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US Defense Chief: S. Korea 'Can and Should Contribute More'

Write: 2019-11-20 13:43:21Update: 2019-11-20 14:16:30

US Defense Chief: S. Korea 'Can and Should Contribute More'

Photo : YONHAP News

Anchor: The top U.S. defense official stepped up the pressure against South Korea in the ongoing debate between the two over defense cost contributions. Calling South Korea a rich country, Defense Secretary Mark Esper said Seoul can and should contribute more for the upkeep of U.S. troops in the country.
Park Jong-hong has this report.

Report: U.S. Secretary of Defense Mark Esper once again pressed South Korea to pay more for the cost of stationing U.S. troops in the country. 

[Soundbite: U.S. Defense Secretary Mark Esper]
“South Korea is a wealthy country. They can and should contribute more and beyond that I will leave it to the State Department to work out the particulars.”  

Speaking to reporters in the Philippines on Tuesday, Esper reiterated remarks he made last week while visiting Seoul.

But the Pentagon chief stopped short of speculating whether the U.S. would consider reducing or withdrawing U.S. troops from the Korean Peninsula if a deal is not reached before the end of the year.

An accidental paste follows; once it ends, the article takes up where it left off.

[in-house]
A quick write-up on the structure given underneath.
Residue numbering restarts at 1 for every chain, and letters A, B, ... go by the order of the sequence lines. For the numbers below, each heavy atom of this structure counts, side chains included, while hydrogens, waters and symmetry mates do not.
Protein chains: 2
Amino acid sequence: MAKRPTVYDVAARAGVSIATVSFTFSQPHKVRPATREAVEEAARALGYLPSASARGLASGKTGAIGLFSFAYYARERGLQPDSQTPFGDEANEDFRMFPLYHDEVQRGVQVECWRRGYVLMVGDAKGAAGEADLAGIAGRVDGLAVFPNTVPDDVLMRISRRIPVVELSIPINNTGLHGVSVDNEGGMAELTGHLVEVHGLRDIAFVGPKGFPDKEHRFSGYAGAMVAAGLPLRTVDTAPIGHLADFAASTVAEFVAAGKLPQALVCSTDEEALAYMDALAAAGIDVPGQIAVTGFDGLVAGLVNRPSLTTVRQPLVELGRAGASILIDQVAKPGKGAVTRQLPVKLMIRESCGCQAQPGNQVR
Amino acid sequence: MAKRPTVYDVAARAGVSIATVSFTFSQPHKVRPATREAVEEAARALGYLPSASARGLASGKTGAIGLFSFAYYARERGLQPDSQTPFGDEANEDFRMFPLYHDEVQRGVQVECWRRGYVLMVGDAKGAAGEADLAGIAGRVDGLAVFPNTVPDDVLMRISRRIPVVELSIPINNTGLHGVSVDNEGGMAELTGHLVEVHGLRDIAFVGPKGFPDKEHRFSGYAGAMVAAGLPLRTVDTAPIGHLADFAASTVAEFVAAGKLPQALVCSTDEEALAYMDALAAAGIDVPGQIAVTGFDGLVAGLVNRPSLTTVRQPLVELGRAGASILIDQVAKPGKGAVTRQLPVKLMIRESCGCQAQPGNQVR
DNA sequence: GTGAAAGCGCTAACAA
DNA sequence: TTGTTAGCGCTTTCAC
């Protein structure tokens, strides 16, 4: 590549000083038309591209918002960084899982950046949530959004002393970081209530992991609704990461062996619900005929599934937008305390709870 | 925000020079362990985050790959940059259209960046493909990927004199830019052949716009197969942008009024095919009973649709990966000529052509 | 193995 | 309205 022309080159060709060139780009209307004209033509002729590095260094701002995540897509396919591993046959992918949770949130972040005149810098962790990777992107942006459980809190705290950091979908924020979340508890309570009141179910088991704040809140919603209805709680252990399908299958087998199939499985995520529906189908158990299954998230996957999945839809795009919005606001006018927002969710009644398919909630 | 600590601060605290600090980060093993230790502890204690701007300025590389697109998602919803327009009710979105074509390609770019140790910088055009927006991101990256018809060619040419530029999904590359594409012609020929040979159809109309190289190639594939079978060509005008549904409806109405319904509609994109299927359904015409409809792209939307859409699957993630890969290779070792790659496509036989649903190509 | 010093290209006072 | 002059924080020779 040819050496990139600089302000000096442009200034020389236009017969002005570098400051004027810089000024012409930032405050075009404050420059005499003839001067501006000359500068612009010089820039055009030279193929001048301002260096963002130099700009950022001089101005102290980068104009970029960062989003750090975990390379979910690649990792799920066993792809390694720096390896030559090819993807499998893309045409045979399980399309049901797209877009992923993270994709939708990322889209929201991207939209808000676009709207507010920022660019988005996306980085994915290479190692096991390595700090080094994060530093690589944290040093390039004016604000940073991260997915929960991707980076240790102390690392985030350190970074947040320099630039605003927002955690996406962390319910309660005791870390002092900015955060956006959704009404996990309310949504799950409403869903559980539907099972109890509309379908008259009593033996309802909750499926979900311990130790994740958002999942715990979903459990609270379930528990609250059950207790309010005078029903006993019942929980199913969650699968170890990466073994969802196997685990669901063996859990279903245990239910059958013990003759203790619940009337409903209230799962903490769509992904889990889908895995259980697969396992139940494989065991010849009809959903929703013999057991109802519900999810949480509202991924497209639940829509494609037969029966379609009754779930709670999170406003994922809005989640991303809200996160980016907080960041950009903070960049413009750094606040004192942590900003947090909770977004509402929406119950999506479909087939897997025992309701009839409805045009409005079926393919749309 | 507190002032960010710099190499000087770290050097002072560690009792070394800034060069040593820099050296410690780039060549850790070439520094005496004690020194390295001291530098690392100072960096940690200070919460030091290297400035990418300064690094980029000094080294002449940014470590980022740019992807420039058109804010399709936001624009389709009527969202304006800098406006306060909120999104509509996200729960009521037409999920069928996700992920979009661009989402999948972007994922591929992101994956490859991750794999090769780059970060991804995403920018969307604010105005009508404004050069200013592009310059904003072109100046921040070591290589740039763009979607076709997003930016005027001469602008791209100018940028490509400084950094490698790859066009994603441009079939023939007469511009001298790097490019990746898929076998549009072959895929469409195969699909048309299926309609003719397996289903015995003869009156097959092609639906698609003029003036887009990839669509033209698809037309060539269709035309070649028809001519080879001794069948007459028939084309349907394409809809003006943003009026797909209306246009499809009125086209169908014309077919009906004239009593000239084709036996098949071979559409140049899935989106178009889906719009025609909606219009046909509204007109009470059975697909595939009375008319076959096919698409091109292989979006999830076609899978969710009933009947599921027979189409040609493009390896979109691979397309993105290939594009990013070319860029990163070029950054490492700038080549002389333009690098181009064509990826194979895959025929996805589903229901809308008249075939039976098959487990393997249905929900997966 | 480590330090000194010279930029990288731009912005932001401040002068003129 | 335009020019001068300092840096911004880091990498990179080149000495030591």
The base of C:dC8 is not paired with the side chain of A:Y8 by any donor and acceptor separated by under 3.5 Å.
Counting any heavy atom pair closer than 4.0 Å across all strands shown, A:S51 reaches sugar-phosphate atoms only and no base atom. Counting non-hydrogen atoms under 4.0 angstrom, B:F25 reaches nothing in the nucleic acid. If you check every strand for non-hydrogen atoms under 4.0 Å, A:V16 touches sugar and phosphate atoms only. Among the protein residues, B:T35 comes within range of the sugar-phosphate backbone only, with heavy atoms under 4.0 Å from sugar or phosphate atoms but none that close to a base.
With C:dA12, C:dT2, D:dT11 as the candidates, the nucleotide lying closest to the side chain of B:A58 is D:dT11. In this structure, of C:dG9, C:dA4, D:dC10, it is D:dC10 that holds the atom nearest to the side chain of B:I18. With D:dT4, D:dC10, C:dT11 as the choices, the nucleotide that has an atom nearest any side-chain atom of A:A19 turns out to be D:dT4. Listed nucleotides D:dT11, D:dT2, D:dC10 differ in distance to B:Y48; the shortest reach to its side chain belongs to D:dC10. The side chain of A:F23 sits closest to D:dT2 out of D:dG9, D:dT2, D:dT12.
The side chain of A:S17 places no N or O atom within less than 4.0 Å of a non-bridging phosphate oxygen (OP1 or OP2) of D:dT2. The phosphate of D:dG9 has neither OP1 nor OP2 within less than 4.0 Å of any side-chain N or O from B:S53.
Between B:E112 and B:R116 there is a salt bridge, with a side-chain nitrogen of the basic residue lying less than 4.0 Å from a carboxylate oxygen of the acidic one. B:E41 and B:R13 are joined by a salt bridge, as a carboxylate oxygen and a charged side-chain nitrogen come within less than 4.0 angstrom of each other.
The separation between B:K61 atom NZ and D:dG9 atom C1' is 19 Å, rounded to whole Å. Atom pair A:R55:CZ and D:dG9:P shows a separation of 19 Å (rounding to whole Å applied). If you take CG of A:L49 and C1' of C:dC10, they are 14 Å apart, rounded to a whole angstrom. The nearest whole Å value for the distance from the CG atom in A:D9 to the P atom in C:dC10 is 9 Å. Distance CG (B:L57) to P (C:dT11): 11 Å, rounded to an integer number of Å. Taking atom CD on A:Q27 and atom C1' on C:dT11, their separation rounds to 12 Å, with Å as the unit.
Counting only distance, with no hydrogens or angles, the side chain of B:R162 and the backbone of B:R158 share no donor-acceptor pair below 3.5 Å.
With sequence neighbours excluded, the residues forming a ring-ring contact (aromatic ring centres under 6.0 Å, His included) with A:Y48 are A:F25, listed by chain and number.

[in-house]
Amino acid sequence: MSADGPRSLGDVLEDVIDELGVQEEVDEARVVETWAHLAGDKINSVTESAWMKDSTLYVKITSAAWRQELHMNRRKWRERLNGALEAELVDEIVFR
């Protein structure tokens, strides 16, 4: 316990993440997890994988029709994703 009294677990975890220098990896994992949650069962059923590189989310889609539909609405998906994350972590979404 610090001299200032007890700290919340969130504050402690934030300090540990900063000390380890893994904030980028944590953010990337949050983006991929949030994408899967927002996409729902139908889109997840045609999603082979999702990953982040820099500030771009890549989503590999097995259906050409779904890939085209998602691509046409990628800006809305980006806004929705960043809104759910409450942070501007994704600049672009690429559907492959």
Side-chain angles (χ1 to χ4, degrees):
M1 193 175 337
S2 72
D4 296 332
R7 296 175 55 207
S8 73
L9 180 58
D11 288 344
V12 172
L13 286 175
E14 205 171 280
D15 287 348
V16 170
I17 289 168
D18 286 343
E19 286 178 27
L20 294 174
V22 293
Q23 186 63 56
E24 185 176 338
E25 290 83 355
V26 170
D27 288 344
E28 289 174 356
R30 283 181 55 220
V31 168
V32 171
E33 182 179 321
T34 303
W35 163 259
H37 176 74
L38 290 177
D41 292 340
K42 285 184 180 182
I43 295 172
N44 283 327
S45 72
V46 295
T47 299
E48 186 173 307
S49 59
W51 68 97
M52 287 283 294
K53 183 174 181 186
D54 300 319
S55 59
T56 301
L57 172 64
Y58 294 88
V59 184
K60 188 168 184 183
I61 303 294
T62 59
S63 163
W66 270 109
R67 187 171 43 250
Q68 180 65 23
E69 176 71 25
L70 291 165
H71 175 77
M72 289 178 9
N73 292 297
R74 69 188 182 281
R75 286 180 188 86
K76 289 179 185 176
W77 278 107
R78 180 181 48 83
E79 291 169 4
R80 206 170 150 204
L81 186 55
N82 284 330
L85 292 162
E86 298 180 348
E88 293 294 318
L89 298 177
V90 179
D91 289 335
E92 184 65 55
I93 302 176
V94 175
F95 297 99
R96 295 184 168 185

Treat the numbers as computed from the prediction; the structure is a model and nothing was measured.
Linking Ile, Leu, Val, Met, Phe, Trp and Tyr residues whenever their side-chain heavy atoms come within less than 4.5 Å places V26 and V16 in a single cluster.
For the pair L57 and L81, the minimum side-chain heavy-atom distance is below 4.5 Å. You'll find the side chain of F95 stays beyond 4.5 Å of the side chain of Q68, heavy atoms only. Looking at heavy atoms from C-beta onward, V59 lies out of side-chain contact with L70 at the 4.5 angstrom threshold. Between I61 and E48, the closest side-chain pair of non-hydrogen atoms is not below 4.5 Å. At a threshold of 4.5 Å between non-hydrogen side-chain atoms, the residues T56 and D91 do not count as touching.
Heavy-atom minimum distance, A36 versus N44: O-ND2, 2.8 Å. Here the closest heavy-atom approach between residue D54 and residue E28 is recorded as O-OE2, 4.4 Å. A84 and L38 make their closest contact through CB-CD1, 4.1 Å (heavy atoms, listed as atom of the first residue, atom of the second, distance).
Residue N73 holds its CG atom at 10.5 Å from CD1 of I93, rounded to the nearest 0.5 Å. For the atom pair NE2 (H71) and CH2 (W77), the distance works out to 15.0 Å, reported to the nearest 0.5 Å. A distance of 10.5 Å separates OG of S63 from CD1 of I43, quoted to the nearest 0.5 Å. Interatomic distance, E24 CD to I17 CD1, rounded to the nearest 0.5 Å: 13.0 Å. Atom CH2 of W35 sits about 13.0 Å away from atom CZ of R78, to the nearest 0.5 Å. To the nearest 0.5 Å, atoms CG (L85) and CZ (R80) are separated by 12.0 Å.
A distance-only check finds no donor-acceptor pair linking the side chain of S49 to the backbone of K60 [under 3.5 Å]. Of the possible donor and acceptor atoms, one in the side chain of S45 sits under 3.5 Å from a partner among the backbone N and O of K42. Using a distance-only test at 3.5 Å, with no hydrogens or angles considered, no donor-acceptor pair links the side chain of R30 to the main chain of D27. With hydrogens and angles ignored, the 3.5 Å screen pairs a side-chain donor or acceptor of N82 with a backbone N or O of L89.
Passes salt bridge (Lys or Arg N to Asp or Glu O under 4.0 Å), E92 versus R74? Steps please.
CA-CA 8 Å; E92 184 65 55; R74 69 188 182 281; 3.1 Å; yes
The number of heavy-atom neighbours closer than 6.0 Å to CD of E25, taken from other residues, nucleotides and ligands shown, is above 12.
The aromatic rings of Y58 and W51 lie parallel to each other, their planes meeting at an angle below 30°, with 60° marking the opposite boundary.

Esper said his priority is to maintain the highest state of readiness to deter any "bad behavior" by North Korea. 

[Soundbite: U.S. Defense Secretary Mark Esper]
“My challenge is to make sure that I, along with my counterpart Mr. Jeong and our respective chairmen, General Milley, General Abrams, and then on his side General Park, to make sure we maintain the highest state of readiness so that we’re prepared to deter North Korean bad behavior, and if that fails we’re prepared to fight tonight.” 

The U.S. is reportedly seeking a roughly 500 percent increase in Seoul's contribution to costs associated with maintaining troops in-country as well deploying strategic assets. Accordingly, South Korea would pay some five billion dollars, significantly more than the 870 million dollars for this year.

On Tuesday, a third round of defense cost negotiations broke down after less than two hours, with neither side apparently able to close the gap between their respective positions.

Jeong Eun-bo, South Korea’s lead negotiator in the talks, said afterwards that Seoul will be patient and continue to work to achieve cost-sharing that is mutually acceptable.
Park Jong-hong, KBS World Radio News.

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